Editors’ note: This article, first published in print during May/June 2011, has been republished for Nonprofit Quarterly with minor updates.
MATCHES HAVE LONG BEEN A STAPLE of fundraising. From direct mail to online fundraising and public radio membership drive campaigns, matching gifts inspire supporters to give and give generously. Matches work so often that it’s simply a given in the world of fundraising: if you want to do something that will result in more money and more gifts, use a match.
Using matches to bolster the performance of fundraising campaigns was a best practice long before a 2006 study by economics professors Dean Karlan and John List published in the American Economic Review found that the mere existence of a match increased the likelihood that an individual would donate by 22 per-cent. A match not only boosted the response rate—the number of people who gave—but it brought in more cash overall for the direct mail appeal they tested. While the test was conducted in a direct mail context, the principle remains the same in the online world: matches make your donors more likely to give.
So what’s stopping you from running a match campaign? The few barriers organizations perceive that prevent them from using this tactic can seem significant. Perhaps you don’t have a donor who will make a matching gift. Maybe you’re afraid of what will happen if you can’t meet the match—will you have to offer refunds to everyone who contributes toward it? Maybe you don’t know what size match works best.
The biggest of these barriers is the lack of easy access to a do-nor who will commit to making the matching gift. If you don’t already have a match lined up, you might wonder how you’ll come up with an additional $10,000, $50,000, or $100,000 gift with which to challenge your other donors.
But don’t let that stop you—if you’re not able to get a commitment for an additional gift, ask a donor who has already donated a substantial gift to your organization if you can use that gift to create a match campaign. This can be a little unnerving if you intend to proceed with a truly conditional match—the type of match that is contributed only if you meet your stated goal.
But there are a couple of ways around this. First, consider using a match that isn’t conditional—that is, your organization will receive the gift even if you don’t hit your stated goal. Many organizations have used unconditional matches to great effect.
Here’s how you might speak to your constituents differently about a conditional and unconditional match:
Conditional: An anonymous donor has committed to making a gift of $100,000—but only if we can meet her match before midnight tonight. Make your tax-deductible gift now.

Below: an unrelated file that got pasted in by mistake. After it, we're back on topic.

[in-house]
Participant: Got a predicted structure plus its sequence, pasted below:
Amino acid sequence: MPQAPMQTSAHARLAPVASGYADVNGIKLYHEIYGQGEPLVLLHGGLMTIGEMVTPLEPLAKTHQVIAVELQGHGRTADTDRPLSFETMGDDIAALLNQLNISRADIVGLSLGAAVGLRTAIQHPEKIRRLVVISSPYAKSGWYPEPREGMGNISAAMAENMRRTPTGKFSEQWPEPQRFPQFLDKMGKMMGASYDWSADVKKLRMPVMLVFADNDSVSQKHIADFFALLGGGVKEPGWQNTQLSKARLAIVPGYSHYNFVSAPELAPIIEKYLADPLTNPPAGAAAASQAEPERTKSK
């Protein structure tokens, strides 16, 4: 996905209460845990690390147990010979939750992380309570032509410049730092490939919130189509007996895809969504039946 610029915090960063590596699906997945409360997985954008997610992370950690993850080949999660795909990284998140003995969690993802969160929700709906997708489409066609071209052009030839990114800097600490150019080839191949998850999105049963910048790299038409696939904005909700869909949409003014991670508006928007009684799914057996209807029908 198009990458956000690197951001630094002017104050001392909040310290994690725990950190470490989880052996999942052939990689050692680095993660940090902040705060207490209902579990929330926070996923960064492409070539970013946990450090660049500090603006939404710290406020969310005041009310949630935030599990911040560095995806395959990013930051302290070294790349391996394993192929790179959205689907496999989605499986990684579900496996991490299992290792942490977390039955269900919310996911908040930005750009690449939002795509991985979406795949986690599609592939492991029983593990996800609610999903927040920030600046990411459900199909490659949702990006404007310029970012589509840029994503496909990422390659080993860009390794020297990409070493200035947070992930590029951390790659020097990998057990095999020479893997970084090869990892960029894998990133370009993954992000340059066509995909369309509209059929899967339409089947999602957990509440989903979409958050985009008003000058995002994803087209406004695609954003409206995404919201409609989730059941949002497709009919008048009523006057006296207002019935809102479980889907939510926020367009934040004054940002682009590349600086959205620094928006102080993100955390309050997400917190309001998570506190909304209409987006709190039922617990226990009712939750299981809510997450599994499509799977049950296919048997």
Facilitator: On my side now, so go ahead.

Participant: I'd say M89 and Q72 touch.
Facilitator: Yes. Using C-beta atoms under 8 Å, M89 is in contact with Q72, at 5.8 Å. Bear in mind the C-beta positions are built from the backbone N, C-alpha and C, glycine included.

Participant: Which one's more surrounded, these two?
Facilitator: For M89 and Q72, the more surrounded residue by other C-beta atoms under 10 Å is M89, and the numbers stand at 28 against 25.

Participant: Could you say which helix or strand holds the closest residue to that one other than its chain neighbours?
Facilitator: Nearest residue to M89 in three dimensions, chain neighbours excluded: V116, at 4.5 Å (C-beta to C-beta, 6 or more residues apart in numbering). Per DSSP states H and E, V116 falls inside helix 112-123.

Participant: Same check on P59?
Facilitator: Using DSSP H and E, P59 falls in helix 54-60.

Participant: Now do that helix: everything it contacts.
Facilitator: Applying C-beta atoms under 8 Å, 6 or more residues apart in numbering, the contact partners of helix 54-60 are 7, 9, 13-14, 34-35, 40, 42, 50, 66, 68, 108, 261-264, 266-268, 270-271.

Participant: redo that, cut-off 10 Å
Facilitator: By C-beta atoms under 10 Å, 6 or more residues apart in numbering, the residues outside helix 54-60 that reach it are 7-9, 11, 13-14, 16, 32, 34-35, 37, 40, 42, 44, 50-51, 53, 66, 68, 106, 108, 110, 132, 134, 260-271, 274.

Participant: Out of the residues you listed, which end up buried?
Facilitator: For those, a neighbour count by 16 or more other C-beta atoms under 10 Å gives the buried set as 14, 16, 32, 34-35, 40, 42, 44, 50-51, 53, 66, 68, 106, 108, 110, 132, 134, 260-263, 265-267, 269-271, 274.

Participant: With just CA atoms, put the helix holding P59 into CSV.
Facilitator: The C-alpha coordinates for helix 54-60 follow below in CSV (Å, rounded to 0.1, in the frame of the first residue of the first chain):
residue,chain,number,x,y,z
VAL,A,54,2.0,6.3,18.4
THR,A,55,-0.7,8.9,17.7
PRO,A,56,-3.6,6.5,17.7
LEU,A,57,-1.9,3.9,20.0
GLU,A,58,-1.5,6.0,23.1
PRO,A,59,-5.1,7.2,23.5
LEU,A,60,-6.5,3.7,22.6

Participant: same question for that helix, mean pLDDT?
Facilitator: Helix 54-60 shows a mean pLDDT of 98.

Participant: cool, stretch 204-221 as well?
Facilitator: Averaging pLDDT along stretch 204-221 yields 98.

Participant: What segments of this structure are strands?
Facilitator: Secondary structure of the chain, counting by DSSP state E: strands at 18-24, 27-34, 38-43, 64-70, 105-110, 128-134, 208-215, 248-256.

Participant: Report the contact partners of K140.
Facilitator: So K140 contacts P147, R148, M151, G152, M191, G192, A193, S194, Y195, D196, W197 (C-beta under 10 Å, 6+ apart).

Unconditional: Make your tax-deductible gift before midnight tonight and your gift will be matched by an anonymous donor, dollar for dollar, up to $100,000.
A second option is to proceed with a conditional match, but stick with an amount that you’re certain you can meet. The amount of the match is less important than the presence of the match—in the Karlan and List study, there was no significant response difference between segments of the file that received letters with match amounts of $25,000, $50,000, or $100,000.
That said, you’ll want to choose an amount that you consistently hit in all your online fundraising efforts. For example, if your last three online fundraising campaigns have brought in
$25,000, $18,000, and $15,000, you’ll likely be in the clear if you go with a $10,000 goal for your match. Just make sure you use a benchmark other than your year-end fundraising campaign to set your goal—year-end campaigns almost always blow other campaigns out of the water. Finally, be mindful of the spacing of your fundraising campaigns. If you just launched a series of online fundraising appeals last month, launching a new campaign again this month could be risky unless you regularly launch appeal campaigns in back-to-back months—and you’ve factored in their performance in deciding how much your match should be.
One way to help ensure you meet your goal is to run a deadline-driven campaign. In these campaigns, you communicate a deadline to potential donors for participating in the match campaign. For year-end campaigns, there’s a natural deadline of midnight on December 31 for tax-deductible giving (matched or not). But incorporating a deadline into other campaigns that use matches is worth considering, since appeals that incorporate the urgency of a deadline tend to perform better than those that do not.